Not pleased with my succinct answer, she opened it to the class, “Does anyone else do this?”

What happened next was a bunch of words bandied about between the 12 of us. I don’t remember much of the exact conversation, as many times words were overlapped as normally happens when people are discussing/debating/ramming their own opinions down the throats of others. I do remember that 4 other people in class read their books the right way! F to the Y to the I, my professor said he loves when he sees dog eared copies of his books. He knows that at least one person has read it at least. And if it is in paperback, and the spine is cracked and has more tracks than Amy Winehouse in her heyday, he’s even happier. Much headshaking and one resounding “FUCK YEAH” ensued.

So what is it about a page that has a dog ear on it that incites such passion? Seriously, I don’t understand it. I admire your passion, as a life without passion is a life not worth living; but can’t we find more important things to be this passionate about? Perhaps we should start with why Scarlett Johansson doesn’t read or comment on my blog! Seriously, what is up with that? The dog ear argument seems to bring more fire than a discussion about favorite books/authors/best book of all time debates. And fire is hot. Like Scarlett Johansson. Like Dante’s Inferno (of which my copy has dog eared pages).

Now, I do have a couple of books that are over 130 years old that I do not dog ear. In fact, these books were bought at flea markets and I have bought newer, cheaper versions to read and dog ear. You know, I’m a sadist, not a masochist. Or is it the other way around? All I know is that I had a girlfriend who was into S&M once. She slept and I masturbated! Whoa. I’ll be here all week, folks.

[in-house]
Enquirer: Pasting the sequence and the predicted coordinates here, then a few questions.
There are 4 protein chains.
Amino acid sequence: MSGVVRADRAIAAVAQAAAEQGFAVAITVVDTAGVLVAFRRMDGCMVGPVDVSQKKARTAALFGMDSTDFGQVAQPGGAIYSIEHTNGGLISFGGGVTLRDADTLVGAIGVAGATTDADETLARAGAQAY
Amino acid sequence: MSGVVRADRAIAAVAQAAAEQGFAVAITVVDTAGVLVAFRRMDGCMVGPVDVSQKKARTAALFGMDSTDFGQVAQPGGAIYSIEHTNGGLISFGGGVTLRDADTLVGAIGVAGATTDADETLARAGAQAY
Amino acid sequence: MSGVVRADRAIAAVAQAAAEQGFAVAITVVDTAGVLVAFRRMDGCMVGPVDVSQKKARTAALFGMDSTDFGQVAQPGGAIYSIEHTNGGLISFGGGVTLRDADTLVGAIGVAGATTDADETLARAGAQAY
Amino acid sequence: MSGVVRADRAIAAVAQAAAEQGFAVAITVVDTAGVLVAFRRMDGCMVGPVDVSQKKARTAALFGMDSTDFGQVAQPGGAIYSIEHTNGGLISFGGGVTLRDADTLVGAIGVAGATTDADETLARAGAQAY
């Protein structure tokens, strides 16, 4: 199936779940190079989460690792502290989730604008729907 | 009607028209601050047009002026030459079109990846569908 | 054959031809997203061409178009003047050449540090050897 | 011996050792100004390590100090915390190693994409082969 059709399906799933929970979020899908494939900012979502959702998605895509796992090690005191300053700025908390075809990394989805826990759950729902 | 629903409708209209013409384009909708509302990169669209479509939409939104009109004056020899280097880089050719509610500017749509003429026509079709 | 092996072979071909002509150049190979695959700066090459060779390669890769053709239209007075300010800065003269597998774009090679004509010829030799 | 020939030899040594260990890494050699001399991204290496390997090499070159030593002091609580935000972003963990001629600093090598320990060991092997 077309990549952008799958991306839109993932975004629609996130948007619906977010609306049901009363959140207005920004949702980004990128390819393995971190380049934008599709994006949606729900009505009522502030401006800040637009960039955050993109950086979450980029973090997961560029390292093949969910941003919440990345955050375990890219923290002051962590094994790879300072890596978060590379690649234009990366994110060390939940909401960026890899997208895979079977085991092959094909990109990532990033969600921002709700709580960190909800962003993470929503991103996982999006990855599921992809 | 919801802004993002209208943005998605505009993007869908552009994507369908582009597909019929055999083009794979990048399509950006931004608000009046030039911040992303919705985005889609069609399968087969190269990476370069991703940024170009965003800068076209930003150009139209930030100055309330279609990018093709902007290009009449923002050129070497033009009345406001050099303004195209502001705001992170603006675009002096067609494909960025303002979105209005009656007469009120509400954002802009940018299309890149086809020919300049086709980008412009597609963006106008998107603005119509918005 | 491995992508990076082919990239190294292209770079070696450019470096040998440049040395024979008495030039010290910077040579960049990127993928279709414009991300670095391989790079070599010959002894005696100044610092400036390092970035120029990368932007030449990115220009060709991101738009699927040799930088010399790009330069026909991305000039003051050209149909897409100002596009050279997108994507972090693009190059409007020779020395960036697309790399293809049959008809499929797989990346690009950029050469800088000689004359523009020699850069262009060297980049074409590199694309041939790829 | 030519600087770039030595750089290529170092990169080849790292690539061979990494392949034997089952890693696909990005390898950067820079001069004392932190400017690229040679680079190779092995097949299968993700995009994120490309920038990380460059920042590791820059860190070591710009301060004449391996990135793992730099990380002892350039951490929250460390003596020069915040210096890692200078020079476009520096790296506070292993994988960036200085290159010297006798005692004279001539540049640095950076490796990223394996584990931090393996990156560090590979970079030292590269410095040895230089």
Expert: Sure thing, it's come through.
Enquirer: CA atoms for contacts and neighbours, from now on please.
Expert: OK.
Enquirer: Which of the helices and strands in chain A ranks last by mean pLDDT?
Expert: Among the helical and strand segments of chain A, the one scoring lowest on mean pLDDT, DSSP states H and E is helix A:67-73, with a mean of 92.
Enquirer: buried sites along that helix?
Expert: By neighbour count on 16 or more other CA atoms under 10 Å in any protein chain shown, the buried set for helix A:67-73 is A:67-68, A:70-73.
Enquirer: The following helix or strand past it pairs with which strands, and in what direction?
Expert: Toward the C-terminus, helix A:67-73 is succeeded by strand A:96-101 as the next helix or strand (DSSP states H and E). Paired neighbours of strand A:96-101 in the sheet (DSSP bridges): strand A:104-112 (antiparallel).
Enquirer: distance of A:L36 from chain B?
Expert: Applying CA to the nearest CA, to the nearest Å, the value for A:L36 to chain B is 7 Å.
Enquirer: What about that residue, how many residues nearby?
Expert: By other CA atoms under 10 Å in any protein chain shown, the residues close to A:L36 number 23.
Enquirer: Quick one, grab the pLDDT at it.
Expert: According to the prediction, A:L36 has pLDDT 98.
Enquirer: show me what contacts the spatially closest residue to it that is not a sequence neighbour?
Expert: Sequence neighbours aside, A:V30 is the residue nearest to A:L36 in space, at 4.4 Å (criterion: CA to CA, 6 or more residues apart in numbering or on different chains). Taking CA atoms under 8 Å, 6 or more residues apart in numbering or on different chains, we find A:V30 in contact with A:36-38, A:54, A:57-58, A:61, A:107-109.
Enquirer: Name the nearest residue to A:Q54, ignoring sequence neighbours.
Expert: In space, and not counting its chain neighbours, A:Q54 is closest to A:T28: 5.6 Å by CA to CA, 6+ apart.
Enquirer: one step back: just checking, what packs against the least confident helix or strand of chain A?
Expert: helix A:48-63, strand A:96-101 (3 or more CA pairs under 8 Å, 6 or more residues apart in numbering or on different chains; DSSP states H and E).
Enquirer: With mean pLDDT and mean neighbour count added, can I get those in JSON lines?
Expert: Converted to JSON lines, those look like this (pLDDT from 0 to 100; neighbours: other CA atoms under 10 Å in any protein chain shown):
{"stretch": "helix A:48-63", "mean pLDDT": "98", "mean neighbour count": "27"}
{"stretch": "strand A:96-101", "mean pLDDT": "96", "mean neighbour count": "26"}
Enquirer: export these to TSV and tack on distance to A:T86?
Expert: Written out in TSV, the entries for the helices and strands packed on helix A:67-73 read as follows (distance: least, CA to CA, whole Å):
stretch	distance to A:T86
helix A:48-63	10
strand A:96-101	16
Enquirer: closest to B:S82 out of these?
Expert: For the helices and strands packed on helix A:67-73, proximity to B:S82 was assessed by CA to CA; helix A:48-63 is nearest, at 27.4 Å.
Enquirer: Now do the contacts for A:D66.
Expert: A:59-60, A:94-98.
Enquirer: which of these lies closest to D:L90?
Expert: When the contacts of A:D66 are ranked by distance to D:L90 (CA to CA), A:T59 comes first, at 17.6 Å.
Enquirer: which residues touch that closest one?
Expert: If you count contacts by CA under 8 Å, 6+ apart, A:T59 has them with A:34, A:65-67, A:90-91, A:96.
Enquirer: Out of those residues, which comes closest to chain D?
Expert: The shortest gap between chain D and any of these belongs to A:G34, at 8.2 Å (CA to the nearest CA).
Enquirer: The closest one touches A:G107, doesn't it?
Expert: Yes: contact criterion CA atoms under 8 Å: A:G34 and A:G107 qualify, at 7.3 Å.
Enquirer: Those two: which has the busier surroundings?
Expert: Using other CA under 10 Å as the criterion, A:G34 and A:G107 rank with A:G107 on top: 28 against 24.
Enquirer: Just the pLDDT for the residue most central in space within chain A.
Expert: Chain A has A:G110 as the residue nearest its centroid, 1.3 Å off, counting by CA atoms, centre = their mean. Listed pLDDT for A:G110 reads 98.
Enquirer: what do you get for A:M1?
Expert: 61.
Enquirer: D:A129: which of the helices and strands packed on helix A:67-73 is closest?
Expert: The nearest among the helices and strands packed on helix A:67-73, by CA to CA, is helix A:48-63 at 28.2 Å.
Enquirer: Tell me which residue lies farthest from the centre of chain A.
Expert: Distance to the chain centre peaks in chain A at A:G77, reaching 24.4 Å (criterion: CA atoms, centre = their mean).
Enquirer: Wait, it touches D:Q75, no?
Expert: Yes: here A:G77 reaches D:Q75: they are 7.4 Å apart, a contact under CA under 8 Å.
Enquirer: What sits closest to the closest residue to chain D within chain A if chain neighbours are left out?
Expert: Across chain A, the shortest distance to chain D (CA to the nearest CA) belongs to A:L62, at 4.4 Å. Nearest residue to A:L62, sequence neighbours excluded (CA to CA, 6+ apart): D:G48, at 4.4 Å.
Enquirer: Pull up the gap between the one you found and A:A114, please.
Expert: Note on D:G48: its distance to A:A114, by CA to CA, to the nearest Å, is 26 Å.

So, as Billy Shakespeare once said, to dog ear or not to dog ear? That is your question, please, enlighten me, provide an answer. And one final request, let’s try and keep it civil. While I don’t approve of your non-dog earing methods, I do respect your right to be wrong.



9 thoughts on “Almost as Cute as Puppy Ears?

  1. When I don’t find the 100+ bookmarks I have (funny how they keep disappearing), I dog ear my books. I don’t mind people doing it to my books when I lend them either. But I do prevent doing that to books I borrow. I like it when the book looks like it has been read and not kept as a showpiece, just like a home.

  2. Dog-ear, definitely. One of the reasons I hate Kindles is you don’t get to put your own personal ‘feel’ onto a book. A book is like a living thing and so should be man-handled with passion and tactility. We all love a bit of that, right? And don’t get me started on playful arse-smacks. I am going to end this comment before I go into deep and unchartered waters, lol.

    And yes, you look cute when you’re smug.

  3. You were on fire! Yes-dog ear the shit out of that thing. With classics, I always try to buy a hardback collector’s edition (which I never touch) and a paperback (which I destroy).